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ported by the people. The members were reelected, after the most cutting criticisms of the Governor and Council, by undiminished majorities, in open elections. The Friends were now in a small minority of the population, but during all this time they had three-fourths of the Assembly. They could afford to refer their critics to their constituents with confidence. motives could we possibly have for judging amiss? Have we not also estates and families in the Province ?... Have not divers of our fathers and some of our grandfathers been of the first settlers ?

If we have committed any mistakes the time draws near in which our constituents, if they think it necessary, may amend their choice. And the time also draws nigh in which your (the Council's) mistakes may be amended by a succeeding governor. Permit us to congratulate our country

scientious about bcaring arms.*

He evidently did not expect much. “As I am well acquainted with their religious scruples I never expected they would appropriate money for the purpose of war or warlike preparation, but thought they might have been brought to make a handsome grant for the King's use, and have left the disposition of it to me, as they have done on other occasions of like nature,” + he wrote to Governor Dinwiddie of Virginia. “But,” a few months later he added, “I can sec nothing to prevent this very fine Province, owing to the absurdity of its constitution and the principles of the governing part of its inhabitants, from being an easy prey to the attempts of the common enemy.”+

This was after the Assembly had voted £10,000, but coupled the grant with conditions the Governor would not accept.

While they were debating the question Braddock came into the country as commander of the combined forces in an expedition against Fort DuQuesne.

Pressure came down strong and heavy on the Quaker Assembly. Their



on both."*

In 1754 the Governor, at the instance of the Proprietors, who anticipated the French and Indian troubles on the western frontier, endeavored to induce the Assembly to pass a bill for compulsory military service for those not con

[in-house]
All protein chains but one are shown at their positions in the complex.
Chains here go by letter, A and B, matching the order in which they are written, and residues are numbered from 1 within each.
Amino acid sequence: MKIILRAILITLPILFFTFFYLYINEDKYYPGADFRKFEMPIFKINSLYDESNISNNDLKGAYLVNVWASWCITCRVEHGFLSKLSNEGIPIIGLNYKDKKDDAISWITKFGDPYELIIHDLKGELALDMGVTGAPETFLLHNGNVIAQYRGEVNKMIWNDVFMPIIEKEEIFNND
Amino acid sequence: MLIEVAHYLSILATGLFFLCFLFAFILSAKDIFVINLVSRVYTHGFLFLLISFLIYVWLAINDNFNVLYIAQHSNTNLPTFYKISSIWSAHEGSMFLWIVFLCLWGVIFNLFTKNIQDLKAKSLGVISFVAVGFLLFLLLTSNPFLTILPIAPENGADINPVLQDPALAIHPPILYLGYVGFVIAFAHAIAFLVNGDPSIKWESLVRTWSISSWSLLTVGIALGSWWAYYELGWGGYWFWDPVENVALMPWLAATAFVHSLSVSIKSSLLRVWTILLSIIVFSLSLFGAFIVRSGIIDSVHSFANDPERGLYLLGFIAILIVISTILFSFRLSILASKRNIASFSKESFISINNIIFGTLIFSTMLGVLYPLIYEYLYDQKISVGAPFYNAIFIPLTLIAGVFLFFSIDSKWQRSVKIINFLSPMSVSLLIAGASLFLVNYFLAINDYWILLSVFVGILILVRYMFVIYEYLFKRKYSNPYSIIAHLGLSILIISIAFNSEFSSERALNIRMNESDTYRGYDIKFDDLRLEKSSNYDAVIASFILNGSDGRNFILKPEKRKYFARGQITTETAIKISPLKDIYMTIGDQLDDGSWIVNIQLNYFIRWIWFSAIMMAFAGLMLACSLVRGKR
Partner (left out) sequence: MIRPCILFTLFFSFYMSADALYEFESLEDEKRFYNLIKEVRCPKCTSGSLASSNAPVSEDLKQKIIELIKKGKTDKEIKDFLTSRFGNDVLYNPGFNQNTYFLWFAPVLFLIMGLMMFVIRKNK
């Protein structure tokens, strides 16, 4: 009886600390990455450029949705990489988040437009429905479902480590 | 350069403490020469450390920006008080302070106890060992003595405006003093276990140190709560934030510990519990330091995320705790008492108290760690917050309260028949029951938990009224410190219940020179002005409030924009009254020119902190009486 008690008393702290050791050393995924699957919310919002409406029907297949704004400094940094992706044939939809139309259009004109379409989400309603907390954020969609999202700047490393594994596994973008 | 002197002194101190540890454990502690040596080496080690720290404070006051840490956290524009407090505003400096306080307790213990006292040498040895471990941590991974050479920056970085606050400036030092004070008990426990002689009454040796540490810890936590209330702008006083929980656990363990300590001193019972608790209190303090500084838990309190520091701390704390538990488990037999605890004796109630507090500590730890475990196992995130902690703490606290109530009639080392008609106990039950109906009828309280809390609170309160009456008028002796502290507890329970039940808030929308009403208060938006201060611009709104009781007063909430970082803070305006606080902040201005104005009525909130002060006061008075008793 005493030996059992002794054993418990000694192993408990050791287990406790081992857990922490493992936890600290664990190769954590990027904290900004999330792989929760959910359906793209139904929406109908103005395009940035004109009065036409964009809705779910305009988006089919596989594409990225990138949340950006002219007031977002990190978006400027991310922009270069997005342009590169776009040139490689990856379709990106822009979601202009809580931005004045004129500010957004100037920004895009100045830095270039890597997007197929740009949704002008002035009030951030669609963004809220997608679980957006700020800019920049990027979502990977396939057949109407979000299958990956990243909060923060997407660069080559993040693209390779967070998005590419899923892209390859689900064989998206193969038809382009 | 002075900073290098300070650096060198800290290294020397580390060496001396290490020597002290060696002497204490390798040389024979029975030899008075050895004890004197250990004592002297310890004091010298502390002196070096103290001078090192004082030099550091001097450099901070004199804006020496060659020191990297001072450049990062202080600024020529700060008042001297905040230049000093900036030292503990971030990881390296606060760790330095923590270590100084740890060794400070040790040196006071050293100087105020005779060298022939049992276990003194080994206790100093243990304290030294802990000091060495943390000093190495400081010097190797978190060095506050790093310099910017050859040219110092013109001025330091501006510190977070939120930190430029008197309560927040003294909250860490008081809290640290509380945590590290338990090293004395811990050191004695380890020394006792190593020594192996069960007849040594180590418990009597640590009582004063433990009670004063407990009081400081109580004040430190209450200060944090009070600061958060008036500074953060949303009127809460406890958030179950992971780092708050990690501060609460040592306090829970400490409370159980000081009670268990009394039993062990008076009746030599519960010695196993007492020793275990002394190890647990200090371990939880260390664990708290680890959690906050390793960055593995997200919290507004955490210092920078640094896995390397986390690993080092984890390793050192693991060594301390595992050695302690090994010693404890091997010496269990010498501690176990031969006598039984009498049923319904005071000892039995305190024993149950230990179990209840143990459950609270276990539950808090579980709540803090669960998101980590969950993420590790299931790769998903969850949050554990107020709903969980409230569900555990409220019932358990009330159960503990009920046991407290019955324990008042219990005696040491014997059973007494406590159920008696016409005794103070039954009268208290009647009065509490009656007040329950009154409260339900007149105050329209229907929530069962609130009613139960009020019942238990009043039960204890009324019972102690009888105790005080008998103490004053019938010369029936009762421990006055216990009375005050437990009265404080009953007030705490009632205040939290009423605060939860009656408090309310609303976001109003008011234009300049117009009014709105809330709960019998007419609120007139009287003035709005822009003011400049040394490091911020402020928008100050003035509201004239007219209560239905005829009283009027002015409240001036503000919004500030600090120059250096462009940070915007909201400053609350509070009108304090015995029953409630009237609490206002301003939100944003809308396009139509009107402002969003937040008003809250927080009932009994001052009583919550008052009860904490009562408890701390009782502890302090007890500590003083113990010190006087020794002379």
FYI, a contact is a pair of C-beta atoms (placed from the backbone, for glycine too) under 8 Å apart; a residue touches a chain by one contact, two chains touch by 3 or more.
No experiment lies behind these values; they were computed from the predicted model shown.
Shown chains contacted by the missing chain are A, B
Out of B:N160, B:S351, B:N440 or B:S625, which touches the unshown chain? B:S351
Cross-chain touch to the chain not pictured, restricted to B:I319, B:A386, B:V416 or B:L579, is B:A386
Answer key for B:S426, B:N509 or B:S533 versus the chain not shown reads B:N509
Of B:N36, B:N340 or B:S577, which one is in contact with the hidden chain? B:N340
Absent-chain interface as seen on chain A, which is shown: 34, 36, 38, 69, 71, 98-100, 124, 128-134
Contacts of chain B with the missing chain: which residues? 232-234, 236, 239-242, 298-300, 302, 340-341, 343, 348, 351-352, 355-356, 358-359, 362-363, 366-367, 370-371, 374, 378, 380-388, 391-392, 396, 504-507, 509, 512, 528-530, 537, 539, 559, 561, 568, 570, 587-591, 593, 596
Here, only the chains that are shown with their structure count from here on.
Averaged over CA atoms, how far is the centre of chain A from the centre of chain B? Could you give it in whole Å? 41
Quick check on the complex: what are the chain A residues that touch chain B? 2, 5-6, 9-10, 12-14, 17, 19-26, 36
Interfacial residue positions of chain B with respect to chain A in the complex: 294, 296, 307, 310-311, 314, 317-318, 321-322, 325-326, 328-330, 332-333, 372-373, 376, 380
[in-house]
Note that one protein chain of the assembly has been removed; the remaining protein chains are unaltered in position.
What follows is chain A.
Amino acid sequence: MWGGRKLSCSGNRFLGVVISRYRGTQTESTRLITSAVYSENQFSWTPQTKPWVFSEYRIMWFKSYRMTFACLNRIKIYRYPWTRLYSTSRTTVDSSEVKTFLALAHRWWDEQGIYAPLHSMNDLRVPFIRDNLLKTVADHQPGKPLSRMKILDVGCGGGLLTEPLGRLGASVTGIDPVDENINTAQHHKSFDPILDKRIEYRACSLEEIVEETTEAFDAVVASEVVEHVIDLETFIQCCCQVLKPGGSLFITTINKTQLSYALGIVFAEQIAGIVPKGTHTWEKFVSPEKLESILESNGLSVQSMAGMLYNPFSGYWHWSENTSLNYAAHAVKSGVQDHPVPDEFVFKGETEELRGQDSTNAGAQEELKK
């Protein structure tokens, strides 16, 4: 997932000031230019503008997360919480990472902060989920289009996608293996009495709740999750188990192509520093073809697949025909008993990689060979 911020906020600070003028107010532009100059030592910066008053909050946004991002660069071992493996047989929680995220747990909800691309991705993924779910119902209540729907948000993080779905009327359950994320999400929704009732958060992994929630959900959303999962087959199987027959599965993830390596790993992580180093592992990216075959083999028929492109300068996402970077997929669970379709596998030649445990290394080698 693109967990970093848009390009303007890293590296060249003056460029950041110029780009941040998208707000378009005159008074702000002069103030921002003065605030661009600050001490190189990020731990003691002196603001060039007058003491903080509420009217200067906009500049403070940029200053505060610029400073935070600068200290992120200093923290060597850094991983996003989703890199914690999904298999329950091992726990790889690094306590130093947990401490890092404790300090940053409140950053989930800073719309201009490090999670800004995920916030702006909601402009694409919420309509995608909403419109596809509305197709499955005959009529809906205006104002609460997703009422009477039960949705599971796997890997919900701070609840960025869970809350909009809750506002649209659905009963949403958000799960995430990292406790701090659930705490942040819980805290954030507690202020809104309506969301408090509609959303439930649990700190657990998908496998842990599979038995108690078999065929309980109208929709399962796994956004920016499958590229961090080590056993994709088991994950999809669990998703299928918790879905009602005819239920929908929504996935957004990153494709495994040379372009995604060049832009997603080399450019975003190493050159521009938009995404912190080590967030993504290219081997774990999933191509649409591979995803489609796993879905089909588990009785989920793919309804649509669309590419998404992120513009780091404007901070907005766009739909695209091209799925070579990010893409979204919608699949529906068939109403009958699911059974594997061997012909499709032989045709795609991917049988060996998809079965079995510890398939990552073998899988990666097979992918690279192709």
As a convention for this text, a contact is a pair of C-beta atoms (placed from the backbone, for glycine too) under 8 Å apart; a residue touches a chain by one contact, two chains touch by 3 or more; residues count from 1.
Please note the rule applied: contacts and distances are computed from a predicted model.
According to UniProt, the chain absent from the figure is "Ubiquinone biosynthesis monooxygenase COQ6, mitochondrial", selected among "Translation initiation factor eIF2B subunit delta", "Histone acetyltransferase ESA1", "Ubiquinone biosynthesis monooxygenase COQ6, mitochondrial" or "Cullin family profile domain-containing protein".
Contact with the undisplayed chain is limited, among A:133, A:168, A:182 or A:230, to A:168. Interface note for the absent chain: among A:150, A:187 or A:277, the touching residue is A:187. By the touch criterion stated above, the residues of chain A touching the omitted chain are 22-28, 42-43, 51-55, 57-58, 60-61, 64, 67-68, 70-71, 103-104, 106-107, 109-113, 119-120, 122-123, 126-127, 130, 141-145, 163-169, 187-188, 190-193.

*“ Pennsylvania Archives," Vol. II., page 189. +“ Colonial Records," Vol. VI., page 2. * Ibid., page 49.

• Colonial Records," Vol. V., page 342.

own frontier was invaded. Their own Indians, as a result of the wicked and foolish policy of their executive, were in league with the invaders. All classes were excited. To aid the great expedition which at one stroke was to break the French power and close the troubles was felt to be a duty. Franklin diligently fanned the warlike spirit, procuring wagons for the transfer of ariny stores, and was extremely valuable to the expedition at some cost to himself.

The Governor wrote to Braddock telling him they had a Province of 300,000 people, provisions enough to supply an army of 100,000, and exports enough to keep 500 vessels einployed. They had no taxes, a revenue of £7,000 a year and £15,000 in bank, yet would neither establish a militia nor vote men money or provisions, notwithstanding he had earnestly labored with the Assembly, and he was ashamed of them. IIe does not explain that they had repeatedly offered sums of money, but that he would not accept the conditions. As Braddock himself admitted, Pennsylvania had supported him quite as liberal. ly as Virginia. This was partly done by private enterprise and partly by appropriations of the Assembly, to reward friendly Indians, to open a road to Ohio, and to provision the troops.